• Take the time you spent commuting and dedicate it to an activity you love (vs. working more).
  • Don’t turn your laptop back on post-work hours.
  • Shut your computer off at a specific time each day.
  • Pause Slack notifications and ignore emails during non-work hours.


8. Avoid Slack and Zoom burnout with effective scheduling


If possible, try not to schedule more than a few video meetings per day. Zoom fatigue is a real thing, and it comes from the mind trying harder to process visual cues and non-verbal signs via video, which is much harder to do than in-person. If your day is full of video calls, try to space them out in order to take breaks in between. Or, consider a good, old- fashioned phone call instead.
Creating boundaries for Slack will also help. Turn off your notifications after a certain time, and mute them if you’re working on something important. At minimum, turn off or down the sound, so you won’t be constantly distracted by annoying pings all day.

9. Set expectations with family members (or roommates)


Juggling professional and family responsibilities has never been easy for working parents. But for remote workers, it may be even more difficult. Even those with roommates may struggle when working from home.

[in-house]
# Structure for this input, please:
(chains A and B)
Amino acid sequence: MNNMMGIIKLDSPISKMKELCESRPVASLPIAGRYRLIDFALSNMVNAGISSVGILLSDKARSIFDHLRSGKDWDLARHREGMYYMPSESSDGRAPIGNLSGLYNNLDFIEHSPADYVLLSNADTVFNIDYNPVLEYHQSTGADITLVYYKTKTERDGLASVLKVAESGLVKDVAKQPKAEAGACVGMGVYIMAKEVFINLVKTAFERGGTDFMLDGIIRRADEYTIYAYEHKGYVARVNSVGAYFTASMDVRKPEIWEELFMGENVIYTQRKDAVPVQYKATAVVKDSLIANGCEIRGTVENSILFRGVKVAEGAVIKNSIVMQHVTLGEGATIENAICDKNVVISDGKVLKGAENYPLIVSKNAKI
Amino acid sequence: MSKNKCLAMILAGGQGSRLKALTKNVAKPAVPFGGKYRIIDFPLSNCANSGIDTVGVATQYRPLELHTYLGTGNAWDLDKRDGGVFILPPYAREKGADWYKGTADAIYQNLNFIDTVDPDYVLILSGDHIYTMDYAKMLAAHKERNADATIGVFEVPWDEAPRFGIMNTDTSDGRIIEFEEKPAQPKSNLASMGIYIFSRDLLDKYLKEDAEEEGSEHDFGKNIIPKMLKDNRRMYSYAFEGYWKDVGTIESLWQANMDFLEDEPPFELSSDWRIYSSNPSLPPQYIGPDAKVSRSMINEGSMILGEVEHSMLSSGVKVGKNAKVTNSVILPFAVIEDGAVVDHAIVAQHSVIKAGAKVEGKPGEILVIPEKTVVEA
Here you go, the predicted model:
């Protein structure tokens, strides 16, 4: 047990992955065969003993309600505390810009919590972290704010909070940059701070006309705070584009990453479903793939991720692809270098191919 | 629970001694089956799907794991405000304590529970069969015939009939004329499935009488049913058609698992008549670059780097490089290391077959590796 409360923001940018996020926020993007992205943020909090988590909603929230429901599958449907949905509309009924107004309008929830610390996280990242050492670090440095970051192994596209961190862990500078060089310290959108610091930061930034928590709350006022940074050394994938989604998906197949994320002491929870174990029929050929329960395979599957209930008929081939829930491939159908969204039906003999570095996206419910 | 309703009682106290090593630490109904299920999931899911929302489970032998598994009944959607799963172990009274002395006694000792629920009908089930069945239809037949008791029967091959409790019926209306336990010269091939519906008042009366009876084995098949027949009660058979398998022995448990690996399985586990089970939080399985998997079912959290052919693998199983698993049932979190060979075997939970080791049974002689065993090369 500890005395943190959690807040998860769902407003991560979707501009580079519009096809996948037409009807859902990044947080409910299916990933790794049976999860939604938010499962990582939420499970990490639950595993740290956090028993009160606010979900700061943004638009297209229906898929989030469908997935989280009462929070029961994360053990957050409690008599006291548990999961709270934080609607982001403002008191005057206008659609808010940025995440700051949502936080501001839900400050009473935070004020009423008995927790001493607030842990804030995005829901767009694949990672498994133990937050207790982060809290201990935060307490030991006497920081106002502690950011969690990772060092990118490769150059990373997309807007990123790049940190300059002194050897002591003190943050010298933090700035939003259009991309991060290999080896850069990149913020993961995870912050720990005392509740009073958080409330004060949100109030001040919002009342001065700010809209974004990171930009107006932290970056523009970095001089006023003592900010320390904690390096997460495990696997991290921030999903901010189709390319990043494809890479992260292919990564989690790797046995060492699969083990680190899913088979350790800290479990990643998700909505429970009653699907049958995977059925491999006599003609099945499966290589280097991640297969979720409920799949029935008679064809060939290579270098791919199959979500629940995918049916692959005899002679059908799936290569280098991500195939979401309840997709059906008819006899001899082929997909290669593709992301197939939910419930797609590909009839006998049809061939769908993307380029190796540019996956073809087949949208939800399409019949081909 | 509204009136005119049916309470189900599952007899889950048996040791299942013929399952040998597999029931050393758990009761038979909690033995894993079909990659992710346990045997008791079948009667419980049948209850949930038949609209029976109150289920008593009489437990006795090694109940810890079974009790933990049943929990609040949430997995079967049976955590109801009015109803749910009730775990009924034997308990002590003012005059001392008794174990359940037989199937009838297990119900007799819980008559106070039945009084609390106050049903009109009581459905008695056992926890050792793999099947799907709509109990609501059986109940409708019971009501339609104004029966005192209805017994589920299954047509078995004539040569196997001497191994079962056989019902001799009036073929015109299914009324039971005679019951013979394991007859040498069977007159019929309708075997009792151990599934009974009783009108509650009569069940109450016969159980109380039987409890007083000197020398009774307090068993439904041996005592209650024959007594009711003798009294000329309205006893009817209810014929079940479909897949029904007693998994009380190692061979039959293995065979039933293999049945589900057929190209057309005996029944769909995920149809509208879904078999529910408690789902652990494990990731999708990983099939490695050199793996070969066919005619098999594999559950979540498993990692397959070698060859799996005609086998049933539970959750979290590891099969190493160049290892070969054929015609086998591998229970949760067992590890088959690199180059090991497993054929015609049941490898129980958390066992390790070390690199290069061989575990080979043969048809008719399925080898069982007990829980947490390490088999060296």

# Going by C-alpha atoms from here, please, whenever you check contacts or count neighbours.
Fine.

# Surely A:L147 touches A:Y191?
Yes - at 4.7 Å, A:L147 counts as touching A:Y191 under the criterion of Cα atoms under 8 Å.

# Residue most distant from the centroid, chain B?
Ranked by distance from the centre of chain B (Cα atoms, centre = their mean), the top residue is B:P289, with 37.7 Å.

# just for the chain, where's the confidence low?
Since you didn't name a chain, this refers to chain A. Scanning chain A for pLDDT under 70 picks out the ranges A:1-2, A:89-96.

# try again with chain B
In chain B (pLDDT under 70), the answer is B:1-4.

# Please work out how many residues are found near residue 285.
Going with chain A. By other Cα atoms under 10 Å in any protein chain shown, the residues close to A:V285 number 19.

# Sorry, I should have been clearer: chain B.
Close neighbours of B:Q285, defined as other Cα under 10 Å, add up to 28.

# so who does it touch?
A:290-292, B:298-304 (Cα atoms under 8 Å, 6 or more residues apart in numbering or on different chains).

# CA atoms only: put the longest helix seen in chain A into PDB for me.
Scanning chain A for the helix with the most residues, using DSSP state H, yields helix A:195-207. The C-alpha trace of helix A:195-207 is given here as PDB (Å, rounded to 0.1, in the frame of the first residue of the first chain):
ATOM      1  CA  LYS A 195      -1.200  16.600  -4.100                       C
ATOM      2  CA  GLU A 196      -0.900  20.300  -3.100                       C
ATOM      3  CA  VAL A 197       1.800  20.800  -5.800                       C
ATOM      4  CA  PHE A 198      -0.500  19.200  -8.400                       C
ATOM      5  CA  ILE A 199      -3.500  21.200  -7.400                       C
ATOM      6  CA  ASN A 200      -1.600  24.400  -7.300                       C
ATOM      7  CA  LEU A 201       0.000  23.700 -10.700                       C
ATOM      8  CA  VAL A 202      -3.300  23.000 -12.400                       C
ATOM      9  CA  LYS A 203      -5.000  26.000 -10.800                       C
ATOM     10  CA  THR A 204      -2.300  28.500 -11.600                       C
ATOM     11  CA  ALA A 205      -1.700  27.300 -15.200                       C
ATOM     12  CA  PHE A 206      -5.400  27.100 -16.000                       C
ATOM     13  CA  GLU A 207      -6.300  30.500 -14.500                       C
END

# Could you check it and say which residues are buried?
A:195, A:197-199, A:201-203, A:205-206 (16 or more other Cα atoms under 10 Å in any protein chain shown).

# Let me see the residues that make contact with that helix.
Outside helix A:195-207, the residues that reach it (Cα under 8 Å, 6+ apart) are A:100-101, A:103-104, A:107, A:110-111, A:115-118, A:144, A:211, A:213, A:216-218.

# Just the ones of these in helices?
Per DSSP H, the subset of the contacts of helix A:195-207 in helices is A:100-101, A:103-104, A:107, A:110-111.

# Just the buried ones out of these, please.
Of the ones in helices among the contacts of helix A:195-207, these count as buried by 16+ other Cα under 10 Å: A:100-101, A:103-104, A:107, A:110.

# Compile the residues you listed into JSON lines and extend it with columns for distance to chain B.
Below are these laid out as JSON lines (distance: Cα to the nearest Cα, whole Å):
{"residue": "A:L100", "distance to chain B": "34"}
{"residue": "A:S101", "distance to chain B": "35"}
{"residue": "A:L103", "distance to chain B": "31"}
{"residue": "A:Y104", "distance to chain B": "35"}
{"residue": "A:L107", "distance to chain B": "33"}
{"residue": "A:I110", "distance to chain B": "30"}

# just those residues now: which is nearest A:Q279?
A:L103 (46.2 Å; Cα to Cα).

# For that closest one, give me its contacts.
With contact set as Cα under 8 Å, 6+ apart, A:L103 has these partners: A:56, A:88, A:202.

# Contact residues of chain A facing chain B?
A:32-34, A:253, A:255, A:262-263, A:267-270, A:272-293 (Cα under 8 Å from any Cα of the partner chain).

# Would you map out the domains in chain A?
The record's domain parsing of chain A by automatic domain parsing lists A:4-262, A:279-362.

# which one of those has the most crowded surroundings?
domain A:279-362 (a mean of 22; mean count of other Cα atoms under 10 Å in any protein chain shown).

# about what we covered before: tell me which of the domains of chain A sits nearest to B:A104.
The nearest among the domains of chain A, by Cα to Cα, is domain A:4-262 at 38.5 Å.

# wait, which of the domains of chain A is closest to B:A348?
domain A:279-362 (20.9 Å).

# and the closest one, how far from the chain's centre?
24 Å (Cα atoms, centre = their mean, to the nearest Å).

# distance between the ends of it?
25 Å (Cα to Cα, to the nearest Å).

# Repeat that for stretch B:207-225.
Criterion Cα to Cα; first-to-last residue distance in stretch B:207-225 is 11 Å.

The key is communication. Work with your partner, babysitter, parents, roommates, etc. to create a schedule or set ground rules. If both you and your partner are working from home, set up a system that allows you each to work when you’re most productive while still balancing other family or at-home responsibilities.
Make sure your office space is quiet or set apart from young children’s play spaces, and if you have teens, discuss expectations about if, how, or when they can enter your office space. With roommates, set noise expectations and discuss how to best utilize shared workspaces.

Your work-from-home habits will soon come naturally


Working from home has its pros and its cons, but if you learn some daily habits to stay productive, it can be a positive professional experience. Remote work is likely here to stay, so the sooner you can perfect that home office and form these WFH work habits for success, the better.